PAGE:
Choosing the right CPA for your business (excerpt)

By Martin Berman-Gorvine
Baltimore Business Journal, February 9-15, 2001
While financial software and information available over the Internet have made day-to-day fiscal housekeeping easier for many small businesses, CPA services are just as essential as ever. Certainly the sheer quantity of accountants has been rising, said Stephen Loeb, Ernst & Young Alumni Professor of Accounting and Business Ethics at the University of Maryland, College Park.
"The numbers have just exploded," said Loeb, who was chairman of the university's accounting department for 18 years and currently serves as historian of the Maryland Association of Certified Public Accountants, Inc. (MACPA). The early decades of the last century saw slow growth, but "the explosion came in the 60s, 70s, 80s, and 90s. Businesses have become more complex, and a lot more people need accountants." There are now 19,000 CPAs in Maryland out of 450,000 in the United States, according to the MACPA.
How is a small business to choose an accountant, from among this crowd? First check the obvious, according to a pamphlet put out by the MACPA: Ensure that you are dealing with a certified public accountant who is licensed to practice in your state, and one who belongs to and is active in professional organizations to help keep abreast of the latest trends.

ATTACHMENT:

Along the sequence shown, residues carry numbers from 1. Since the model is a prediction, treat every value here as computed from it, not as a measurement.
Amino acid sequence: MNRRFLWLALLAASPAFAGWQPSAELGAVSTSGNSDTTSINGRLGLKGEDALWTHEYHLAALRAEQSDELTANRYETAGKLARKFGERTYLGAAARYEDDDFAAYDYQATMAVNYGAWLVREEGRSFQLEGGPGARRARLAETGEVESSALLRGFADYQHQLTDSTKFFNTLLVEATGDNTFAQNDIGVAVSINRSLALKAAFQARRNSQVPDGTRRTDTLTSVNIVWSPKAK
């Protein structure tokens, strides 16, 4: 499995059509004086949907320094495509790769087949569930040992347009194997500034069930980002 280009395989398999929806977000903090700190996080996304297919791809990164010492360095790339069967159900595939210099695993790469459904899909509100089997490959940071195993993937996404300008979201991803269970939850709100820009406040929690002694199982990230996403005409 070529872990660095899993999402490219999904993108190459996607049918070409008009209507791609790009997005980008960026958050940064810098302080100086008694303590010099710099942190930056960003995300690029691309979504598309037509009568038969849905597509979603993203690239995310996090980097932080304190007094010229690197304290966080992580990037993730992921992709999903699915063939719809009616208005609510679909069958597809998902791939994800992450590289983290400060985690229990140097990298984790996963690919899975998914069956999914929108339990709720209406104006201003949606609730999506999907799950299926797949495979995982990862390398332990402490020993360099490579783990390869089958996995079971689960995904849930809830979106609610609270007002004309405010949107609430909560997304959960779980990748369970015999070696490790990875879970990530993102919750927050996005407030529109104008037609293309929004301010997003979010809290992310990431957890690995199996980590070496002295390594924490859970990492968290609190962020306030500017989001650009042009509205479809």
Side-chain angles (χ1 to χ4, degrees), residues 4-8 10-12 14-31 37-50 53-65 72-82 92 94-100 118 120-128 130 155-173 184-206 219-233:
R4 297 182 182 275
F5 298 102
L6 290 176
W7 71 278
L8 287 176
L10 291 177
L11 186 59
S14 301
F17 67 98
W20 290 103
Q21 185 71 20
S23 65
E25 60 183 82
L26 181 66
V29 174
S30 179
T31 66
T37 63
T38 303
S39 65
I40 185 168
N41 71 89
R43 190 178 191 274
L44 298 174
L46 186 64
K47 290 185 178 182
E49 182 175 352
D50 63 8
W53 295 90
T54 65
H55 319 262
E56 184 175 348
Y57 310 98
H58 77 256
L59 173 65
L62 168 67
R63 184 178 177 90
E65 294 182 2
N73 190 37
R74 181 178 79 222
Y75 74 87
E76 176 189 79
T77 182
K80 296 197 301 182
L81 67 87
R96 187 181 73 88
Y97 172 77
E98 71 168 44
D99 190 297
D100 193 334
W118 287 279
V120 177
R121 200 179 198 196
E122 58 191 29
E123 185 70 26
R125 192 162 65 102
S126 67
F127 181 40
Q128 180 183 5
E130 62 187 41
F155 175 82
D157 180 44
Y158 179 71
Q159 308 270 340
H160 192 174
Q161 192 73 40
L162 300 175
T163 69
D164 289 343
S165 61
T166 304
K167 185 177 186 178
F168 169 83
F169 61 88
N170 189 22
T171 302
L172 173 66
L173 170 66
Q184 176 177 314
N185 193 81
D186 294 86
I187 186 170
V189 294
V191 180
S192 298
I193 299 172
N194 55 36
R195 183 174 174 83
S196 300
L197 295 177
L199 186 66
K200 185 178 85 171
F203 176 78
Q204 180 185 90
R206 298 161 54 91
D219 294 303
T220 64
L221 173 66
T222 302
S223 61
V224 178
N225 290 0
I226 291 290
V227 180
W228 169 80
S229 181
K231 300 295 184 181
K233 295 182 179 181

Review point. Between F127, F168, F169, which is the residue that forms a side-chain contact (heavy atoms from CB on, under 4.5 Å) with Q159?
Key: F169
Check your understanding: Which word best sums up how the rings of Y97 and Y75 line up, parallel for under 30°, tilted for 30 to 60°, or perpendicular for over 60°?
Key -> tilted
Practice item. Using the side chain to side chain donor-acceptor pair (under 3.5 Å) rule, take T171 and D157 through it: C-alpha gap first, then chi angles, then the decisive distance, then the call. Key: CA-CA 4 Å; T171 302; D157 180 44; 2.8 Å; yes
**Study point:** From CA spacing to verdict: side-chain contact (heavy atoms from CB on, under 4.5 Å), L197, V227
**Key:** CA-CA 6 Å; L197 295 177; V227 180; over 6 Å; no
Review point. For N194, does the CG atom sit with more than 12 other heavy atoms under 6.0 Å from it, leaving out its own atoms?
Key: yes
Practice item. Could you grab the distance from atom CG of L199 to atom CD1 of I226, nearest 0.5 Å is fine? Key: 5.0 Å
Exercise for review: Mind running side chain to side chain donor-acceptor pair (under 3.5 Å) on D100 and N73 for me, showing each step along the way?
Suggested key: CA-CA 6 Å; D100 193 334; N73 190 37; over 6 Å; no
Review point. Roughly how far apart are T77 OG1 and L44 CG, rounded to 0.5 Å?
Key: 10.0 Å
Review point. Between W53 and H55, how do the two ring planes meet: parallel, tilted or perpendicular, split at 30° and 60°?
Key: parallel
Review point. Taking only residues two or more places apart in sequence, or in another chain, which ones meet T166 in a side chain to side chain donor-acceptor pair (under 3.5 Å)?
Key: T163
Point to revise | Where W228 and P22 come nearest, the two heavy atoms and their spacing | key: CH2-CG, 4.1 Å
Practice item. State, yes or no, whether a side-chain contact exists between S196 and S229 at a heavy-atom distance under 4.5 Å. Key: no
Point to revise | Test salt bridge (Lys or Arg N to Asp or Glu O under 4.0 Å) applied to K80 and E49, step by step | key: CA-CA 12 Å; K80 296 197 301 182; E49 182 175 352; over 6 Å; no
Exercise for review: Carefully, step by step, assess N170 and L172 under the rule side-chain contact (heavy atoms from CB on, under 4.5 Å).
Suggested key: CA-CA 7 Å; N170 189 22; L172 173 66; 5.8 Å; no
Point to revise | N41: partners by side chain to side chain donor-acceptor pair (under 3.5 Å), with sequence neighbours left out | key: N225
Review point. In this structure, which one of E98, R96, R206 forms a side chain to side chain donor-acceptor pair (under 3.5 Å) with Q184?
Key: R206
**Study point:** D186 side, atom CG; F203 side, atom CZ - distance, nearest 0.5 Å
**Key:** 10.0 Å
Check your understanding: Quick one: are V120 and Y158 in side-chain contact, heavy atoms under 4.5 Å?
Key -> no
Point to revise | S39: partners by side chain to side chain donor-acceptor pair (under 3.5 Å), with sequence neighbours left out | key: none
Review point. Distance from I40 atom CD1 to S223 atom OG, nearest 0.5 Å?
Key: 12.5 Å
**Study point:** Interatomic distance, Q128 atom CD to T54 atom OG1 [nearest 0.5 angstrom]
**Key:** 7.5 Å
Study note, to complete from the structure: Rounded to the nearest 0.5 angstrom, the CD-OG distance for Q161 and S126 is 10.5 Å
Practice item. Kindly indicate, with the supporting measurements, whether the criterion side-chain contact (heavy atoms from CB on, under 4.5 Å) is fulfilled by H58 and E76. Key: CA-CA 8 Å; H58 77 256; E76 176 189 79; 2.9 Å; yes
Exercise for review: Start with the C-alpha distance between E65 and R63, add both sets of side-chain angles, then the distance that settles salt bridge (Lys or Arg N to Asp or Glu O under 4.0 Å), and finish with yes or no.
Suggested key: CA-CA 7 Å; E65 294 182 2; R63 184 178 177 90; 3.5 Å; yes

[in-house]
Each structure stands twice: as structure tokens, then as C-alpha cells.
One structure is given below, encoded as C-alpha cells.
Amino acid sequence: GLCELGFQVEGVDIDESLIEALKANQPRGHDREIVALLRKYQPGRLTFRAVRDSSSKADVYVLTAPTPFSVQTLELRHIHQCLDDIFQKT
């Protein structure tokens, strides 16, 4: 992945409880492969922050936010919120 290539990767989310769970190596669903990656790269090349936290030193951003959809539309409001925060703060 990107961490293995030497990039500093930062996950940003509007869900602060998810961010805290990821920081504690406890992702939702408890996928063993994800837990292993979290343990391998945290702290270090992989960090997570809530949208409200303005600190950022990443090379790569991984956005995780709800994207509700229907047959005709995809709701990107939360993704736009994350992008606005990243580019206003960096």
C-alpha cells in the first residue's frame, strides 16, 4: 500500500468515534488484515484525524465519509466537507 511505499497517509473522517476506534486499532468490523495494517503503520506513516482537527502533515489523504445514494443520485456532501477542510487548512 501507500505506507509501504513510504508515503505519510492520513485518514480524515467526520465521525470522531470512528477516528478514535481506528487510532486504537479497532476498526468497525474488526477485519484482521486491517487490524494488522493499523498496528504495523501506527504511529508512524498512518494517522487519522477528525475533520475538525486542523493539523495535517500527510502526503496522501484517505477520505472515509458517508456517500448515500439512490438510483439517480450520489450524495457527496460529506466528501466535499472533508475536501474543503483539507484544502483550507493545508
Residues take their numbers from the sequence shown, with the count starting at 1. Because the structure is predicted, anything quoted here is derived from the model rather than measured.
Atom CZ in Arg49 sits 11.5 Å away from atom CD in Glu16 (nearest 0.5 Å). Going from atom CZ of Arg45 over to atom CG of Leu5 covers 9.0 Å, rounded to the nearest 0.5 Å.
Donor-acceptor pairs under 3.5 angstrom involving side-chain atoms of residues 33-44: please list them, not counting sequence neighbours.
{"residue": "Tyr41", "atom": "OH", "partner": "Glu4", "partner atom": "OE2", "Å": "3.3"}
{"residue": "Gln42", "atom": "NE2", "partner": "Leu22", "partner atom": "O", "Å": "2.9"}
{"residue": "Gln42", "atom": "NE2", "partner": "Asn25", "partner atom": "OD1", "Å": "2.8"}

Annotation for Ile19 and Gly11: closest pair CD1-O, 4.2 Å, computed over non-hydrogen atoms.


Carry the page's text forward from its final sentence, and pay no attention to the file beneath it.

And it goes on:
Then, check out the firm's standing. "If possible, check out their reputation through inquiries with other businesses or acquaintances who might know them," suggested Pamela King Smith, president of King, King and Associates in Pikesville. Susan Huddy, vice president of Costello & Huddy Chartered in Montgomery Village, recommends making sure your prospective CPA "is someone you're comfortable with on the phone, because you're establishing a relationship that can get to be quite intimate. And make sure they have the expertise you need, that they really work with start-ups or small businesses."
Original article copyright © 2001, Baltimore Business Journal.
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Copyright © 2009, Martin Berman-Gorvine